“The announcement yesterday about the AstraZeneca vaccine is a concrete example of how even a single case of an unexpected illness is sufficient to require a clinical hold for the trial in multiple counties,” said Francis Collins, director of the National Institutes of Health, at a Senate hearing.

The announcement comes as scientists and a growing numbers of Americans express concern about the politicization of the vaccine approval process during a presidential election campaign. President Trump has made approval of a coronavirus vaccine a cornerstone of his campaign and repeatedly said it could be greenlighted before the Nov. 3 election.

But Collins and other scientists pointed to AstraZeneca’s decision as evidence that scientists, rather than politicians, are running the process. The experts said that it was hard to estimate how long the investigation would take, but that the pause was a good sign and not unexpected in trials of this size and scale, where many thousands of people are closely followed.

Collins testified that while minimal information is available about the adverse event, he has heard it described as transverse myelitis, rare inflammation of the spinal cord that has been associated with vaccinations, but has also been documented in a few cases of covid-19 and can occur in immune system disorders such as multiple sclerosis.

A study in the journal Lupus reported that between 1970 and 2009, there were 37 cases of transverse myelitis associated with various vaccines.

“The event is being investigated by an independent committee, and it is too early to conclude the specific diagnosis,” said AstraZeneca spokesman Brendan McEvoy.

Serious adverse events are closely monitored in clinical trials to determine whether they are likely to be linked to the drug or vaccine being administered. In trials with many thousands of people, sicknesses are likely to occur, and they may have no connection to the drug or vaccine being tested.

Collins also said he was not worried that the delay or even possible elimination of the AstraZeneca vaccine candidate would limit the eventual availability of vaccines to Americans.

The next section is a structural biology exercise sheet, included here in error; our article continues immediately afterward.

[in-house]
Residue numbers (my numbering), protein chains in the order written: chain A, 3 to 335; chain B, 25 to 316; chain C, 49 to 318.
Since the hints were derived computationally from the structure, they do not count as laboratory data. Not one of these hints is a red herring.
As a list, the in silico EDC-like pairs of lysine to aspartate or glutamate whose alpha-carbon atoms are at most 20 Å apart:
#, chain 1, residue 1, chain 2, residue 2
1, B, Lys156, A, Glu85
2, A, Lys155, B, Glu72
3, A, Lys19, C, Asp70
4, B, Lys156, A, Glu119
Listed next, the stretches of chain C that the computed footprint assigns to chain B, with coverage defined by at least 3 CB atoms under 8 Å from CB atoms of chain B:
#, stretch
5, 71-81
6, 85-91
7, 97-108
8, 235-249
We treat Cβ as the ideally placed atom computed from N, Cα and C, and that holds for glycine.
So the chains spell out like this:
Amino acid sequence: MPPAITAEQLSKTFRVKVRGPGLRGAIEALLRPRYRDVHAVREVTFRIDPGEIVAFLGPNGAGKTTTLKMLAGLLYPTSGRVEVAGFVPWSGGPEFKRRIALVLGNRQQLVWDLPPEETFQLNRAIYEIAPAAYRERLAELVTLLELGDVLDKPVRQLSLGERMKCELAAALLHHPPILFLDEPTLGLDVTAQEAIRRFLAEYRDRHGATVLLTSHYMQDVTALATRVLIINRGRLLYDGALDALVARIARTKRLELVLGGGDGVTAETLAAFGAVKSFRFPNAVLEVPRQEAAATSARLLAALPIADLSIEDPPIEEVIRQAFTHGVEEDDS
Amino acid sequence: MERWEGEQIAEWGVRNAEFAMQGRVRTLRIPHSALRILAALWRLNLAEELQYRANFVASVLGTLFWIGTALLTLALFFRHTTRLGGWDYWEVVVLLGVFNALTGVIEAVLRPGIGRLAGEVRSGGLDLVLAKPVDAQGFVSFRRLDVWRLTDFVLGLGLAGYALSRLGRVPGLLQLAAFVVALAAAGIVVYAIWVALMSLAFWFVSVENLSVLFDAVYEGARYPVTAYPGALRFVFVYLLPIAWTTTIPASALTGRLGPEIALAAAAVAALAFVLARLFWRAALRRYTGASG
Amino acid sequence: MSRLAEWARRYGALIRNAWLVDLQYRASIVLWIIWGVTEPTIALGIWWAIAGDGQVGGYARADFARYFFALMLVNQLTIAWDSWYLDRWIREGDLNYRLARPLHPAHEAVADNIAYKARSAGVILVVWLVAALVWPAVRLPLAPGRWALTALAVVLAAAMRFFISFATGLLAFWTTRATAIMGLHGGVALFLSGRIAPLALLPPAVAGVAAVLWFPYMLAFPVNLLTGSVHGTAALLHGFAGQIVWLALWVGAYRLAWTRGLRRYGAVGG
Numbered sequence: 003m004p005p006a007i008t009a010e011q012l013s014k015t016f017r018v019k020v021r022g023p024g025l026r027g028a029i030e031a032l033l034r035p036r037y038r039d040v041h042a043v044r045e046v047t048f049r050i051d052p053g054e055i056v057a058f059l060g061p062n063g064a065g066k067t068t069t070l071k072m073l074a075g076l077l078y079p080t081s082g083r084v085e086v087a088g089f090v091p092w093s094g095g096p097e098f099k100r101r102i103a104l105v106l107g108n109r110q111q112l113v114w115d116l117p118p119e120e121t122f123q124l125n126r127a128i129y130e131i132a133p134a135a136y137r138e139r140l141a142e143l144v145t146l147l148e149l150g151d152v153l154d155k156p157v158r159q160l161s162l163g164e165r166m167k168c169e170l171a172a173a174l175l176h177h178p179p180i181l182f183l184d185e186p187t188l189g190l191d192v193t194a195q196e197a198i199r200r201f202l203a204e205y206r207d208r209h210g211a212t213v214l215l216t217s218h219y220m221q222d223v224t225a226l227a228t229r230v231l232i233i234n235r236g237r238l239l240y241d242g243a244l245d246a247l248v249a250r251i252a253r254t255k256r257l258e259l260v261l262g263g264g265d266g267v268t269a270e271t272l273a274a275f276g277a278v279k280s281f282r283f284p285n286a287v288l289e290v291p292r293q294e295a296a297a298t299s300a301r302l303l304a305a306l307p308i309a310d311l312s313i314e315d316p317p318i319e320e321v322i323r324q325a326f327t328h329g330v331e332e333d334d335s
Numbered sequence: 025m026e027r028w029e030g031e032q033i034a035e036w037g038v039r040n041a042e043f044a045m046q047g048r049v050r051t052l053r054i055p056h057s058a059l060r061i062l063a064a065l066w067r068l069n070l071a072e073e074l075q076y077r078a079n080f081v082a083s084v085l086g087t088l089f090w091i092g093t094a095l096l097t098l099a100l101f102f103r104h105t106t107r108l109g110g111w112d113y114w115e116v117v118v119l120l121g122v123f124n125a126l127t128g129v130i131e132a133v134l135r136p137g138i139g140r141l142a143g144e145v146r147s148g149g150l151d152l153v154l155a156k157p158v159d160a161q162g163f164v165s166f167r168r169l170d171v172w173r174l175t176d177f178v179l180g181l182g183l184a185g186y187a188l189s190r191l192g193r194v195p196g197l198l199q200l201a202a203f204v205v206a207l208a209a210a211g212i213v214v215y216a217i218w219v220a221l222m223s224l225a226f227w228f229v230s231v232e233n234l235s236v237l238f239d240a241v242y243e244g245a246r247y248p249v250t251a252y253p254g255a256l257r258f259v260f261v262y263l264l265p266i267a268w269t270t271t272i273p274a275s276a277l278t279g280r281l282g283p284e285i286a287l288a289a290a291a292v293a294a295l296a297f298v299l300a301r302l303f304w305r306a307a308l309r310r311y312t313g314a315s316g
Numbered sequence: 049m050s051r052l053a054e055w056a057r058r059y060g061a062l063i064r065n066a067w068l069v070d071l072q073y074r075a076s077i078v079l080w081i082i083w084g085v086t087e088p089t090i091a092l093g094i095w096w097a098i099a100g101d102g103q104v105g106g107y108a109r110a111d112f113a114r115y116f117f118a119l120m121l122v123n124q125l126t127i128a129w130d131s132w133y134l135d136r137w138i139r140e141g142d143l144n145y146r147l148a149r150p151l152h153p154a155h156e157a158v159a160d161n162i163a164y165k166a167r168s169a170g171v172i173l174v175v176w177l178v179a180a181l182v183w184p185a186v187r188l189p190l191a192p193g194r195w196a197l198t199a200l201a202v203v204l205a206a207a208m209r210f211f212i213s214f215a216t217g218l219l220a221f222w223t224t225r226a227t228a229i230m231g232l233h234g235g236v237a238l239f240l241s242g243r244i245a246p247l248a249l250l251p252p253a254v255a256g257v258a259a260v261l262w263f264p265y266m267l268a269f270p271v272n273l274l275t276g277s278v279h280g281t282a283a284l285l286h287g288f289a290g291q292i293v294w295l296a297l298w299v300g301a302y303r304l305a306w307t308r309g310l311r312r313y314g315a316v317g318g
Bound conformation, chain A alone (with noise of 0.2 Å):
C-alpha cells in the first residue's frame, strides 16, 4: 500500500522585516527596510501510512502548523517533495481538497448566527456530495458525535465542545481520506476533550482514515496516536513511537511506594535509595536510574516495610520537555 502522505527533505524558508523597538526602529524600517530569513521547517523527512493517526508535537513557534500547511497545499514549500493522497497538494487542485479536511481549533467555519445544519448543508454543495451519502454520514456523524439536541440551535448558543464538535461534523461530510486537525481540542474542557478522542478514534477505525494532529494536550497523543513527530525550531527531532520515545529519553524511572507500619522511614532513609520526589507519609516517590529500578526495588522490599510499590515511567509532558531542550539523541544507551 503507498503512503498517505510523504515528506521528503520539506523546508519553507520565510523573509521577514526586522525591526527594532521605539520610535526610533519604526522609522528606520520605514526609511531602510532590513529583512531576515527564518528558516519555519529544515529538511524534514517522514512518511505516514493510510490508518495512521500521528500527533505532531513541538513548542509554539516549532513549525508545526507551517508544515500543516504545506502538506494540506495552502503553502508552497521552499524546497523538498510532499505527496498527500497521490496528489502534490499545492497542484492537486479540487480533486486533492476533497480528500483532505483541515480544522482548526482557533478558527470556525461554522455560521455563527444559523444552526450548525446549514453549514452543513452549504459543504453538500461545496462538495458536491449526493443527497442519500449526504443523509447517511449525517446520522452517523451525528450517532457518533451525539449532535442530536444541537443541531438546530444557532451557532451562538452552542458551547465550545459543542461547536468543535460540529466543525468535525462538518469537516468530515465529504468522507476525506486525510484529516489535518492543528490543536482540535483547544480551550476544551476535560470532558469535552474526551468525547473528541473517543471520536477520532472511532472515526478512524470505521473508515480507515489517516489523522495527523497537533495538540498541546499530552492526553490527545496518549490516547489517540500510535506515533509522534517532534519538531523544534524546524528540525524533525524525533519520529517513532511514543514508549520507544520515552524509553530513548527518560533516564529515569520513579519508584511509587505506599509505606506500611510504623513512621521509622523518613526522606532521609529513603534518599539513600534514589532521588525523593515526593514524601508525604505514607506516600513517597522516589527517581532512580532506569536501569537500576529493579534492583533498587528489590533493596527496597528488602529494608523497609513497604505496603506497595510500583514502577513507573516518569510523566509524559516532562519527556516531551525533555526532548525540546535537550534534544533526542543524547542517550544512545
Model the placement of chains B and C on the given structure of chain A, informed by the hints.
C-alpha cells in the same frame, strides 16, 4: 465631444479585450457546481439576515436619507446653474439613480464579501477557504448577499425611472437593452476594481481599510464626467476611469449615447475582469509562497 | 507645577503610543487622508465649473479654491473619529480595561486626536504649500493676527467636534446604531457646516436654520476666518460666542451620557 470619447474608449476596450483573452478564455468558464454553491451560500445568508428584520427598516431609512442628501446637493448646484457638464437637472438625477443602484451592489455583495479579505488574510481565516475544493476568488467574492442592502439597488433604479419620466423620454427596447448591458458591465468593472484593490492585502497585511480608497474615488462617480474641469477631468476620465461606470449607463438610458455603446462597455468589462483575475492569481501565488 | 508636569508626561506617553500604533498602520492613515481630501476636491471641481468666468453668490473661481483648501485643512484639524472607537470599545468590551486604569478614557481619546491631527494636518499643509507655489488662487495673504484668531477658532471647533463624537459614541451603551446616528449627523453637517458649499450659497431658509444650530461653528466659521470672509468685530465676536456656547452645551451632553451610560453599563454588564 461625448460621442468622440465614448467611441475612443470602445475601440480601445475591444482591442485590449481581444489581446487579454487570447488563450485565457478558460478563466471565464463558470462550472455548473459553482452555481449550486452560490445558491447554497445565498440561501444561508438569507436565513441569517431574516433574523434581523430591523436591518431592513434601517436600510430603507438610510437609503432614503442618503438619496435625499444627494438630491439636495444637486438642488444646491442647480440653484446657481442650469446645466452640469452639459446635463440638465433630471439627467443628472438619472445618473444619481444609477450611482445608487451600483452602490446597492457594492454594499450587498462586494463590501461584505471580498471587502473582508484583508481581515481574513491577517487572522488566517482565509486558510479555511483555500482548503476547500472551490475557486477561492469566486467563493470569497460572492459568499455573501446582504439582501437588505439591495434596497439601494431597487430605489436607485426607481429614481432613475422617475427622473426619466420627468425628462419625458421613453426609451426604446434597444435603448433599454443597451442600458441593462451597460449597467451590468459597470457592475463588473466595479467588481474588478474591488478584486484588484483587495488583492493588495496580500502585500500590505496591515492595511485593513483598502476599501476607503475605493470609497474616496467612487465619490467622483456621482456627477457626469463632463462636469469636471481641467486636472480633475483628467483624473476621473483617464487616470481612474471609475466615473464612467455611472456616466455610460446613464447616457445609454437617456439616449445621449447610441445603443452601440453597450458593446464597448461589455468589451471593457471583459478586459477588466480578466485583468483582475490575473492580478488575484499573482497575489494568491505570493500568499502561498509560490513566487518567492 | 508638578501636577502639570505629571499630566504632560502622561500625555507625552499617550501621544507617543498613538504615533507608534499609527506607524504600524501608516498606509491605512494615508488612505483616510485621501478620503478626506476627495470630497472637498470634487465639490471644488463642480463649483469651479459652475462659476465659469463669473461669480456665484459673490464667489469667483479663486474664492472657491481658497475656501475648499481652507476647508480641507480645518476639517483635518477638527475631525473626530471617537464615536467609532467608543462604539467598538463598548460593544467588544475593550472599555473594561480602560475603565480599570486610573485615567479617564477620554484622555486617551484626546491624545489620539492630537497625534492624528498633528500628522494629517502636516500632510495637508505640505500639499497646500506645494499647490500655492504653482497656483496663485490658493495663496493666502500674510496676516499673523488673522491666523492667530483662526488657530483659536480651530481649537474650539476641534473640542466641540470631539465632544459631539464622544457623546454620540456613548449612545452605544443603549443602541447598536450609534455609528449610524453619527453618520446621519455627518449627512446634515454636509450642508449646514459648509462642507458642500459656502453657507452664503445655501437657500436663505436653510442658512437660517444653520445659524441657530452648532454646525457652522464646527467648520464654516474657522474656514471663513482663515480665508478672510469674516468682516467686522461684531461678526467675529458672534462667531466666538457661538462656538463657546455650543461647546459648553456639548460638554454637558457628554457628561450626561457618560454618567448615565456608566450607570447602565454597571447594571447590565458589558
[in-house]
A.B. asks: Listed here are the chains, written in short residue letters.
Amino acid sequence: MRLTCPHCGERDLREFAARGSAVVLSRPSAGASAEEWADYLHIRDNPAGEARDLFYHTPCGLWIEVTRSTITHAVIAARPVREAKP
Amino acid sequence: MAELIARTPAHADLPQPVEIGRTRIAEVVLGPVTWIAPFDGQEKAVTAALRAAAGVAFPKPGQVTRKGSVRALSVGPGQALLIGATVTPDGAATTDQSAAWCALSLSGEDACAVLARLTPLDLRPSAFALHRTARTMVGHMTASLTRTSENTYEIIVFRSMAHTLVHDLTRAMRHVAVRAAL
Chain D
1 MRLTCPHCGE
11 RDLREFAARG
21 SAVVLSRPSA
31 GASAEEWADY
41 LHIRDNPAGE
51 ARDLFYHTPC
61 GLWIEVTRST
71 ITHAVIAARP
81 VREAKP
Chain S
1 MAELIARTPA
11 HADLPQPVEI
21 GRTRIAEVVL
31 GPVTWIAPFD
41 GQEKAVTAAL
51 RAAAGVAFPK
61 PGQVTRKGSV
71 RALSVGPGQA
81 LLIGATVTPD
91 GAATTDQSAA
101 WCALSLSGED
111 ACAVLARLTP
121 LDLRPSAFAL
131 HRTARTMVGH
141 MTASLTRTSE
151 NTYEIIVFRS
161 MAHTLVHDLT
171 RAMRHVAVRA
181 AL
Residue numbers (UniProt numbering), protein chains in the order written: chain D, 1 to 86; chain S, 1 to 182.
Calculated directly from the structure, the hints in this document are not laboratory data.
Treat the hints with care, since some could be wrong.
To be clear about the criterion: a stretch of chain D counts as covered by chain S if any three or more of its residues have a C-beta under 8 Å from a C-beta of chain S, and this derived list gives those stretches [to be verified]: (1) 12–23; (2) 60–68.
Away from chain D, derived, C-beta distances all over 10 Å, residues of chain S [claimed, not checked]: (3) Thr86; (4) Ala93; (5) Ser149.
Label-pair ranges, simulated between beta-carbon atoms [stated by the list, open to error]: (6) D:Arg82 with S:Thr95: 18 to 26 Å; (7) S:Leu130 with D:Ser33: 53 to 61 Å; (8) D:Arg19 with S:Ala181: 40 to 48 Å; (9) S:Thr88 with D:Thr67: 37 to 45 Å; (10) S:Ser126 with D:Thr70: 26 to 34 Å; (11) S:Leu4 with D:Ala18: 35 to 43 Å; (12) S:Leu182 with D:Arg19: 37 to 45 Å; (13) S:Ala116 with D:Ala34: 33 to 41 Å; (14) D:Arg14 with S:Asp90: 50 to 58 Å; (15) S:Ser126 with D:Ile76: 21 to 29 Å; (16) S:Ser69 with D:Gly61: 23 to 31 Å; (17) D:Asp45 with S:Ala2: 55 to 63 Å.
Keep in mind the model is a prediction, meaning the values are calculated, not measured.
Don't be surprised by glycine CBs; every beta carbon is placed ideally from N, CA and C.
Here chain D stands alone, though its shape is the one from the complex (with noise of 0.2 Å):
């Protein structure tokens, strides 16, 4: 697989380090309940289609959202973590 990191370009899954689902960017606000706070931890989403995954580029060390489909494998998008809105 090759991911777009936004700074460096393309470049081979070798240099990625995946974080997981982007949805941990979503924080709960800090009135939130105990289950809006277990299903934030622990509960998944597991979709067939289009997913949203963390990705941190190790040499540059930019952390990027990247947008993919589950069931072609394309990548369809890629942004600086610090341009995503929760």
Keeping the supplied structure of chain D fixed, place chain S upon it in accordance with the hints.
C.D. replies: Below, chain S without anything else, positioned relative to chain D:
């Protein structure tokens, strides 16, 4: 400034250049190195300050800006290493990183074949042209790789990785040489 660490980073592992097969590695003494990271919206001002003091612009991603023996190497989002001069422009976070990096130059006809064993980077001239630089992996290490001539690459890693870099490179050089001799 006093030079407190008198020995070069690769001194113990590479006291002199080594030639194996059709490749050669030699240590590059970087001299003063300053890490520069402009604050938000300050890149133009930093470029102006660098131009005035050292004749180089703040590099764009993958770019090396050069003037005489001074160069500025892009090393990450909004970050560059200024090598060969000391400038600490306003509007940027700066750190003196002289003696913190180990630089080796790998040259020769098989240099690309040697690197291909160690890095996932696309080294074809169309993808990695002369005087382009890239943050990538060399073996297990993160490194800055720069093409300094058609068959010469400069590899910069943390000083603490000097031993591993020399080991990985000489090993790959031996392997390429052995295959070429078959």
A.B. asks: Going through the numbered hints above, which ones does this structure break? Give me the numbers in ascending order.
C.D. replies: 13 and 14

“The reason we’re investing not in one, but in six different vaccines is because of the expectation that they won’t all work,” he told members of the Senate Health, Education, Labor and Pensions Committee.

“To have a clinical hold as has been placed on AstraZeneca as of yesterday because of a single serious adverse effect is not at all unprecedented,” Collins said.

He said that if after a thorough investigation, the adverse reaction is traced back to the vaccine candidate, then all the doses of that vaccine being manufactured would be thrown away. The United States has committed up to $1.2 billion to AstraZeneca to support development of the vaccine and to purchase 300 million doses.

A hold on a trial is not common, but is also not cause for alarm — it is a sign the system in place to protect participants is working, said Susan Ellenberg, a biostatistician at the University of Pennsylvania who has served on the independent data safety monitoring boards that investigate such incidents.

“The process is when something unusual develops, they might want to put a hold on things — and given the incredible attention that’s being given to these vaccines, and the recognition of how fast we’re trying to go, I think people are bending over backwards to show safety is really the top priority,” Ellenberg said.

This is the second pause for the trial. An information sheet for study participants from July noted that the trial had been put on hold after a participant developed neurological symptoms, but those were determined to be caused by an “unrelated neurological illness.”

“I think the company is being prudent to stop and look and to determine whether this severe adverse event, whatever it is, was a coincidence that followed vaccination, or was caused by the vaccine,” said Paul Offit, director of the Vaccine Education Center at Children’s Hospital of Philadelphia. “The vaccine is designed to prevent covid-19, not everything else” that adults might develop.

The pause came a day after the leaders of nine drug companies signed a highly unusual pledge that they would be guided by science and prioritize safety in their effort to develop a coronavirus vaccine, amid worries that political pressure could lead to an unsafe or ineffective vaccine to be used in millions of healthy people.